My favourite place: Cartagena de Indias, Colombia
In the latest instalment of our historical holidays series, Miranda Kaufmann describes the colour and culture of a former Spanish colonial city
I’ve only visited Cartagena de Indias once, but it cast an enduring spell on me. I arrived in the old walled city after dark. Wandering past colourful Spanish colonial houses, their balconies overflowing with bright pink bougainvillea, I was seduced by the music echoing through the cobbled streets. Like the city itself, the music was a fusion of cultures: the dancers below the statue of Simón Bolívar (Venezuelan leader, and president of Gran Colombia from 1819–30) moved to the sounds of African drumbeats and South American pipes.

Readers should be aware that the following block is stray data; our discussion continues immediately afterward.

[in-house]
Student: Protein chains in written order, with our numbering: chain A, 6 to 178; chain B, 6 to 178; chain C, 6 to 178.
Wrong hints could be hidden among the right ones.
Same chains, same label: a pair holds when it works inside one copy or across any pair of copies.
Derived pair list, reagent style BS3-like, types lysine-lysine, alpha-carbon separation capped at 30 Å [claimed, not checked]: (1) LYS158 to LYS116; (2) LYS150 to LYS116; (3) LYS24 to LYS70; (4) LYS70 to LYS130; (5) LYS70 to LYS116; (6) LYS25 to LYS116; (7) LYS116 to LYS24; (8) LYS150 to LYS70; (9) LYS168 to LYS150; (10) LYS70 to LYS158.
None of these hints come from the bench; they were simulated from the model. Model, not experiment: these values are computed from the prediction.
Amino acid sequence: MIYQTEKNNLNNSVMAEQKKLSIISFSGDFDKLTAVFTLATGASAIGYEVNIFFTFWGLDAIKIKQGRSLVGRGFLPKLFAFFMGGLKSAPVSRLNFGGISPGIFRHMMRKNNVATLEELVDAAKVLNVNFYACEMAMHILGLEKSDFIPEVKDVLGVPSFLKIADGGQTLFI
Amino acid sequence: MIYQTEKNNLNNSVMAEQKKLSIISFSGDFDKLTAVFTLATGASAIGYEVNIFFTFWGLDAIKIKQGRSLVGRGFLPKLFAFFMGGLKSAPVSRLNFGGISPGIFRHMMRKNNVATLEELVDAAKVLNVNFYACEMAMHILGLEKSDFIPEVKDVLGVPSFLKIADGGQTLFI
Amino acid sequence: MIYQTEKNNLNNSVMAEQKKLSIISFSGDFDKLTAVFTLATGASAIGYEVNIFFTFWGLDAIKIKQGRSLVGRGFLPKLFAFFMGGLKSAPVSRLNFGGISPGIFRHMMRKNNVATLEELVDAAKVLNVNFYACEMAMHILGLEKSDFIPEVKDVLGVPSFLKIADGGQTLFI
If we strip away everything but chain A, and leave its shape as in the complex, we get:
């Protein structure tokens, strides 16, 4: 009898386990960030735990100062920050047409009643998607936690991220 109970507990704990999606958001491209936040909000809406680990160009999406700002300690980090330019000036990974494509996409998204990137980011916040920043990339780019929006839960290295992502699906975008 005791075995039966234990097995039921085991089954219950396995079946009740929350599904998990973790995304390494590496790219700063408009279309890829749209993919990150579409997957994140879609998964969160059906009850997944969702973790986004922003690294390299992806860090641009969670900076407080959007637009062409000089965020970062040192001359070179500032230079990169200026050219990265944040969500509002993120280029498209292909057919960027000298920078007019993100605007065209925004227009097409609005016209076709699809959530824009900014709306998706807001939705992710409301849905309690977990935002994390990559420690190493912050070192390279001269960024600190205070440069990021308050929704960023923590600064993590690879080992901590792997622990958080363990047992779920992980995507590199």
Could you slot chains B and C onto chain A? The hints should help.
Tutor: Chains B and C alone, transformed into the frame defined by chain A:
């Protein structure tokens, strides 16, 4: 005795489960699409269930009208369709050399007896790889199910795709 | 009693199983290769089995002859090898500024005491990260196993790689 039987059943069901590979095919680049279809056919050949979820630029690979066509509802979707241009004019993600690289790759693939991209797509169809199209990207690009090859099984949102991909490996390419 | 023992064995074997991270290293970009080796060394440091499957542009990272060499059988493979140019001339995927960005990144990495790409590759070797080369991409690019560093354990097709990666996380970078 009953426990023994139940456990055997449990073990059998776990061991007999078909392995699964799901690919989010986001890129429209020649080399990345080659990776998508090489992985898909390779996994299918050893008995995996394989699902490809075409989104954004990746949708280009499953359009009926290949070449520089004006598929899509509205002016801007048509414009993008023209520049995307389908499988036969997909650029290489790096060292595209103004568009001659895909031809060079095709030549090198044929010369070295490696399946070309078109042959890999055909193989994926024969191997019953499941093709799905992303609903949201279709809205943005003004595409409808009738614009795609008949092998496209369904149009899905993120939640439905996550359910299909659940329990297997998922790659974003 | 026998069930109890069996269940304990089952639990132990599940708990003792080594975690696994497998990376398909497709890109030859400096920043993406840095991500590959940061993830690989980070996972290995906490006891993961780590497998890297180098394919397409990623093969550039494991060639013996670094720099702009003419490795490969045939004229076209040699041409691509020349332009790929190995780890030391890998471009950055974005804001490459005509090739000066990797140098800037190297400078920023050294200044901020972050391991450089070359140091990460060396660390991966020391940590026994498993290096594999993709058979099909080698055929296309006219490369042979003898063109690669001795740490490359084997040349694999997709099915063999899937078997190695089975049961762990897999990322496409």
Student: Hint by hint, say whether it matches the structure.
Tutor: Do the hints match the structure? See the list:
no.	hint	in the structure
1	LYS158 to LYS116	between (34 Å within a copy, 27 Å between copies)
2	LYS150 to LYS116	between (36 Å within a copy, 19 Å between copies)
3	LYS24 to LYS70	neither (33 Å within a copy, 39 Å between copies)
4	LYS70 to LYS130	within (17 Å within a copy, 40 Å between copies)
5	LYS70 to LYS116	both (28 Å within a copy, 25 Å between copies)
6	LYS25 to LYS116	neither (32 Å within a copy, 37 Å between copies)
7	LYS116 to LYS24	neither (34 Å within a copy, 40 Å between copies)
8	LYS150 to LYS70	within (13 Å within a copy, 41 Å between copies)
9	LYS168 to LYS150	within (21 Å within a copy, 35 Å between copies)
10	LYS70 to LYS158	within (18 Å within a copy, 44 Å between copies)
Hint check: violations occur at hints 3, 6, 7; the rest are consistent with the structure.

Standing beneath the statue of India Catalina – outside the city wall – it’s hard not to be reminded that indigenous peoples inhabited this area for some 5,000 years before the Spanish arrived. Catalina was the daughter of a Kalamari chieftain, and was captured in 1509. She was baptised and learnt Spanish, later acting as a translator for Pedro de Heredia when he founded the city in 1533. The help she gave this conquistador, who plundered the wealth of her people, still divides opinion as to whether she should be remembered as a heroine or a traitor.